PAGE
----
What Pirates prospects are above average?
Baseball America released a list of minor league averages today, which is an excellent reference to check out if you want to put a minor leaguer’s stats in to perspective. Basically the list has the average stats for each league, along with the average age for the players at each level.
The stats are very telling about the leagues. For example, the average batting average in the PCL is ten points higher than in the International League, despite both leagues being at the AAA level. It also shows that the averages in the New York-Penn League and the Gulf Coast League are much lower than other leagues. This means that Pirates fans should factor that in when considering the good pitching by guys in State College and Bradenton.
Here is a list of players in the Pirates minor league system who fit the following conditions:
1. They are at, or below, the average age at their level
2. They are above average when it comes to the average batting average for their level (how many times can you use the word average in a sentence?)
Players in bold are above average in batting average, on-base percentage, and slugging percentage.
Indianapolis (International League)
Altoona (Eastern League)
(These numbers for Gorkys Hernandez are only for the Eastern League. He was above average across the board in the Southern League)
Lynchburg (Carolina League)
(Ciro Rosero was above average, but only had 17 at-bats. Jordy Mercer was one point below average in batting average. Pedro Alvarez was actually below average for batting average, but above for OBP and SLG).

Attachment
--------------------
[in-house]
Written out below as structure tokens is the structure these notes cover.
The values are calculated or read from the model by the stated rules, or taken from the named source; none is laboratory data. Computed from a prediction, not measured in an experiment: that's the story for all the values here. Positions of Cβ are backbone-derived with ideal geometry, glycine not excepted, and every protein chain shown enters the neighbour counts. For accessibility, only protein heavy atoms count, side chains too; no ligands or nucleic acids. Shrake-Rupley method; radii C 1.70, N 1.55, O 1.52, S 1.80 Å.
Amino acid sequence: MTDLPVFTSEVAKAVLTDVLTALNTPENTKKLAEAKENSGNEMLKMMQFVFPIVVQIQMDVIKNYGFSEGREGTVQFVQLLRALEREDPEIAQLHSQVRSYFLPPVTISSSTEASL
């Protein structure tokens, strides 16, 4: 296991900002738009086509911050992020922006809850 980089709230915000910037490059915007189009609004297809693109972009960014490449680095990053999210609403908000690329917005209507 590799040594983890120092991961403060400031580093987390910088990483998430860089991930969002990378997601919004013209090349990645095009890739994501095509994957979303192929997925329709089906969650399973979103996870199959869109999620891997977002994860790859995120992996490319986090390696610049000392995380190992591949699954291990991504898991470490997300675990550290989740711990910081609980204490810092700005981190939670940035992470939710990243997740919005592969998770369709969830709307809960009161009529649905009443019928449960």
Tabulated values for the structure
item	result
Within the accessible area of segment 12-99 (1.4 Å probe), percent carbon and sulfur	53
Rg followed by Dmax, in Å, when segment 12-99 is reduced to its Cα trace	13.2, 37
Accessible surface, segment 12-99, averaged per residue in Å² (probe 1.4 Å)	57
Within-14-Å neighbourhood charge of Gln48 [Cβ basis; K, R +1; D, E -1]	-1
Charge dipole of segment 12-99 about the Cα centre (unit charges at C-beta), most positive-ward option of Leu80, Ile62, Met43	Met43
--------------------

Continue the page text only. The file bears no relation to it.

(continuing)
West Virginia (South Atlantic League)
State College (New York-Penn League)
(Chambers was right at the league average for batting average, with .245. Baker was at .247.)
Bradenton (Gulf Coast League)
(Gift Ngoepe was right at the league average for batting average, with .238. Benjamin Gonzalez was just three slugging points shy of being above average across the board, not bad for a defensive shortstop who was considered to be poor on offense coming in to the year.)
I’m not making my end of the year prospect lists based solely on this information, but it is something to consider. Then again, Brian Bixler and Steve Pearce are above average across the board, so it’s not like this guarantees major league success. There’s also other factors that I didn’t consider in this, like walk and strikeout rates, which would knock some of these prospects out of the “elite” list (don’t read too much in to the use of “elite”, just for lack of a better word). Bixler would be one of those knocked out, due to the strikeouts.
Overall, it’s a very good reference to consider when looking at the success of prospects in the minor league levels this year.